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Digital Subscriptions > The Artist > March 18 > Luminous skin tones

Luminous skin tones

Alyona Nicklesen shows you how to master skin tones for both light and dark human skin for coloured pencil portraits, with tips for colours and layering techniques

Countless generations of artists have been intrigued by the elusive nature of human skin. My favourite master of portraiture is Rembrandt. I am instantly awestruck by his brilliant ability to blur the line between two and three dimensions. The genius of Rembrandt’s portrayal of skin is not only about using a limited set of specific colours or high contrast in values. It is also about manipulating the medium such that skin appears as you would see it in person and in real life – not refined and artificial, but tangible and alive.

According to many writings about his techniques, Rembrandt did not have a single system or method. By experimenting and learning about the properties of the available materials, he constantly stretched their limits and manipulated them, often in unorthodox ways.

Of course, coloured pencil is not paint; however, the ability to allow continuous layers using ACP Textured Fixative* provides us with possibilities Rembrandt did not have. We can lighten values and gradually ‘pull’ lights out of the darkness of transparent shadows. Coloured pencil layers are much more incremental when compared to the thick application of oil paint and do not require long drying times.

The same skin types can look dramatically different under a variety of lighting situations. Their colours are affected by the surroundings and mimic the complexity of the human anatomy beneath. Skin looks warmer as it wraps over a set of muscles, but when it gets closer to the bones it will look cooler. When blood vessels are near its surface, hints of reds are added for arteries or blues and greens for veins. Skin is translucent, very plastic and its texture will vary depending on a person’s age (smoother during childhood and rougher with advancing years), gender (delicate for females and coarser for males), or even lifestyle (subtle texture for exposure only to an office-like indoor environment and more pronounced or weathered texture for someone exposed to outdoor physical activities). Although skin colours themselves are fairly mute and low-key, when in contrast with an even lower-intensity colour created by the shadows or washed out by strong lights, they can appear strong, bright, and vibrant.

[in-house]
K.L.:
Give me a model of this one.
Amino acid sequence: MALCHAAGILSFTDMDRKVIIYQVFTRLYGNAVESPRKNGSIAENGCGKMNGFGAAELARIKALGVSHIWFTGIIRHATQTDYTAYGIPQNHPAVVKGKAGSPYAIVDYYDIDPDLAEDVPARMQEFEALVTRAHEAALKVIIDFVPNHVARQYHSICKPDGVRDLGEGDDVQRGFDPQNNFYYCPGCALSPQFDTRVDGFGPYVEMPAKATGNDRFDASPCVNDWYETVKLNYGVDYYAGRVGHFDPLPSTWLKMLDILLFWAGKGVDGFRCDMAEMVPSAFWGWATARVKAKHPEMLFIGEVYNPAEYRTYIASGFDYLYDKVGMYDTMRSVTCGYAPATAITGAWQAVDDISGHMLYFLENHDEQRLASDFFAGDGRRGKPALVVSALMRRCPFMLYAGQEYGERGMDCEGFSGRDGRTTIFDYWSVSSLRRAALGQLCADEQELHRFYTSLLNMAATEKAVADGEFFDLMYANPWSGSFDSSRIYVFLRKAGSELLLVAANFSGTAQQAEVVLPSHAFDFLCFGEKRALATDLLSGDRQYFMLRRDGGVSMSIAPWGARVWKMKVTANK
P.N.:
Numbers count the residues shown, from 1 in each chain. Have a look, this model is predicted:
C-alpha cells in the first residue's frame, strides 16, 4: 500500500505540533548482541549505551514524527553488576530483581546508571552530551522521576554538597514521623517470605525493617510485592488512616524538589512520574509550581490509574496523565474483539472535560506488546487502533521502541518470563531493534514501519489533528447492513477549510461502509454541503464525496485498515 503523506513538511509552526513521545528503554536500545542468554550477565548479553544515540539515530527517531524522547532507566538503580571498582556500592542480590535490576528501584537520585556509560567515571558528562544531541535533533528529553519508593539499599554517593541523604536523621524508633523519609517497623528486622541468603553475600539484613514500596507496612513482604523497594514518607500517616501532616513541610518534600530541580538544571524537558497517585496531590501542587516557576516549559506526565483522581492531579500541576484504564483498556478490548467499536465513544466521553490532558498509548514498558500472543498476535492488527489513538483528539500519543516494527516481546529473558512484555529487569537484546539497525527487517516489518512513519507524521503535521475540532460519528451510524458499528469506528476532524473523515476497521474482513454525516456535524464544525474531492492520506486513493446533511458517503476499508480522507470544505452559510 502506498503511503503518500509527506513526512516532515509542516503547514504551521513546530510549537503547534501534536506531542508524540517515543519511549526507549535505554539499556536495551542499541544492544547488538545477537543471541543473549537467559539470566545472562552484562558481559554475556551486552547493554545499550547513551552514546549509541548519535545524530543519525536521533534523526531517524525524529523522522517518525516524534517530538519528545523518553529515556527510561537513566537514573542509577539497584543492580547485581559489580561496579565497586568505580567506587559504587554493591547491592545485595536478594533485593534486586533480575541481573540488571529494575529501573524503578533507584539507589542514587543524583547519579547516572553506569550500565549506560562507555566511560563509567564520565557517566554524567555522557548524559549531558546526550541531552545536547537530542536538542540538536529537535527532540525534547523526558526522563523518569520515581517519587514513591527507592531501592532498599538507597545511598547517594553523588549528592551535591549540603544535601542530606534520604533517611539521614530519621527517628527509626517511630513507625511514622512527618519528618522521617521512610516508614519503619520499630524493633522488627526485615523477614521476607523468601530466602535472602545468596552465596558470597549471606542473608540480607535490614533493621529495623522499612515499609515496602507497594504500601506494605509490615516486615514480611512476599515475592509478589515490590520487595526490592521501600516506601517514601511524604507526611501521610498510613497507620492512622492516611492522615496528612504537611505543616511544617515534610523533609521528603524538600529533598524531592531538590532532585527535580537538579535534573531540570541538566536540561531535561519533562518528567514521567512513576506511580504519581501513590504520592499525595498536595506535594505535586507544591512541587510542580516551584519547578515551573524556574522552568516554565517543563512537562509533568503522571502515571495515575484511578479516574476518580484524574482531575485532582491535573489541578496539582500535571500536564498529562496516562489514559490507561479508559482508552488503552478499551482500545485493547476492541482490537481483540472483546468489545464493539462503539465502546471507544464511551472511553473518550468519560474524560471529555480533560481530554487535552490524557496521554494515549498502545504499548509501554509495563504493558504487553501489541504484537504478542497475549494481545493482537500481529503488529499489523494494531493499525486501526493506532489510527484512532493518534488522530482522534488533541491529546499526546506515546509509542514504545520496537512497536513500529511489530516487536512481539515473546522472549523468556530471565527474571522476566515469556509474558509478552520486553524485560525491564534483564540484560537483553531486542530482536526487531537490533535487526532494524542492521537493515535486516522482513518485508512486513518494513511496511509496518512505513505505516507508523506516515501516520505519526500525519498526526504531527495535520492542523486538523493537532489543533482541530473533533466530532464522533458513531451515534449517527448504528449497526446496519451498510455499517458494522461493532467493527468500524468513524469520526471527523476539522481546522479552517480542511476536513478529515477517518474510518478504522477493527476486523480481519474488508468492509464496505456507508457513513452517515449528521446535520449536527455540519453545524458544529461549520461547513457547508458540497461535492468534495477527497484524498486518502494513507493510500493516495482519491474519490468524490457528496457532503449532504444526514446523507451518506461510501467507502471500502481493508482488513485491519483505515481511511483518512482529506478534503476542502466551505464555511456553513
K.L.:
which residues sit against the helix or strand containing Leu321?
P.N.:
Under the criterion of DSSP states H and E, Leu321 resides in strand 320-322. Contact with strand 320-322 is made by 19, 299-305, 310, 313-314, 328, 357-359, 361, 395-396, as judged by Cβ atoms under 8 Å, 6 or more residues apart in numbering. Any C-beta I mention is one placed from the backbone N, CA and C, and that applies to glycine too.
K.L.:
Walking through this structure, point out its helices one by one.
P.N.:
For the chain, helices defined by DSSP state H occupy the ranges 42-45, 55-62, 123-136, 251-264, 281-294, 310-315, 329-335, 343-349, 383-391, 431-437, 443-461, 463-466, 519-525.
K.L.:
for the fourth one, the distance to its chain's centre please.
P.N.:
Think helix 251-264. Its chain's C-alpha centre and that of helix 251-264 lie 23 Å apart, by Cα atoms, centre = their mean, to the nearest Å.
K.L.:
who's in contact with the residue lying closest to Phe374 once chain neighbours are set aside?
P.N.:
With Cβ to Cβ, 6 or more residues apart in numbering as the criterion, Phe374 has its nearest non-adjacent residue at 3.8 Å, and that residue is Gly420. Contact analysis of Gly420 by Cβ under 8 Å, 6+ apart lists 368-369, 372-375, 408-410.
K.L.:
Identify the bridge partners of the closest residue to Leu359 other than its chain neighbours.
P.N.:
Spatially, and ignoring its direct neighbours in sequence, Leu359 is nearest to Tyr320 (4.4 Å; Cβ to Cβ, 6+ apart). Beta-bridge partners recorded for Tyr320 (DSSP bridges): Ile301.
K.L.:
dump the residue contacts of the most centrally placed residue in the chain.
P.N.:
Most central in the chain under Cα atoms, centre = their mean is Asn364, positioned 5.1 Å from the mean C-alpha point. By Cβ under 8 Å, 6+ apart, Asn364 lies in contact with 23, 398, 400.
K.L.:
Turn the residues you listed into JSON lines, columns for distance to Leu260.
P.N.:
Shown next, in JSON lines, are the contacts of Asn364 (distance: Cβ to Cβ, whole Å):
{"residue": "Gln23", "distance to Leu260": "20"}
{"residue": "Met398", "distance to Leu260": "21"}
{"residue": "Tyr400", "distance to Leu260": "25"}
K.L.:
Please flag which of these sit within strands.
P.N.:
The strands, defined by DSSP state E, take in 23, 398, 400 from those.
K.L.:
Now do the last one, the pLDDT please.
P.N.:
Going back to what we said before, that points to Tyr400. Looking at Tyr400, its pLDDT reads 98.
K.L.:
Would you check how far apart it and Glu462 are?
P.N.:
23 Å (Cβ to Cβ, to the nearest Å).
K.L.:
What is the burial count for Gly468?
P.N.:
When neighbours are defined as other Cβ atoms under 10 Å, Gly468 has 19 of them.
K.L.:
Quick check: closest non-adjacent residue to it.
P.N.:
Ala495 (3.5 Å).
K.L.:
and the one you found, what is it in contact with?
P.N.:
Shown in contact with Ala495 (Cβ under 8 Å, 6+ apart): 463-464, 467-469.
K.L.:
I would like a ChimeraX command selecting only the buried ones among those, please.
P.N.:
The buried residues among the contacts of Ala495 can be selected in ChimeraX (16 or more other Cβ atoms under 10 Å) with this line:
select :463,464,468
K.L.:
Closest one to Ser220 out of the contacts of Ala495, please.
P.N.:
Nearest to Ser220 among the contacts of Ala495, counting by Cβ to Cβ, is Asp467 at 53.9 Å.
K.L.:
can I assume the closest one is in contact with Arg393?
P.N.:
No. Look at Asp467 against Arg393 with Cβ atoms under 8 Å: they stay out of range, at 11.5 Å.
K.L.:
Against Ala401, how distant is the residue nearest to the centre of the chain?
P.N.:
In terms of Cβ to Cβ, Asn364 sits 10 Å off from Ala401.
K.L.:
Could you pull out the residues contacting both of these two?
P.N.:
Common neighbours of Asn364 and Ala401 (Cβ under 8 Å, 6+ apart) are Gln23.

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About The Artist

Water-based media enthusiasts will find huge inspiration and masses of great advice from professional artists Hazel Soan, Jake Winkle, Cheryl Culver, Paul Weaver and Marie Antoniou this month. Hazel explains how to translate tones into watercolour on paper to maximise the effects of light and shade in your paintings; Jake reveals the watercolour techniques he recommends to paint texture and patterns in animals; Cheryl demonstrates a coastal scene in acrylics; Paul urges you to try quick studies in line and wash to keep your en plein air skills in tip top condition while Marie demonstrates how to use tube black to best effect in your acrylic paintings! Learn more from Adele Wagstaff about the structure of the lower limbs and feet to help improve your figure painting, and the colours to use for skin tones for your coloured pencil portraits from Alyona Nicklesen. With more features on pastel painting, detailed still lifes, a new technique to try and oil painting demonstrations from Peter Graham and Bob Brandt, whatever your favourite subject matter or medium you're bound to find loads to inspire you in this month's issue!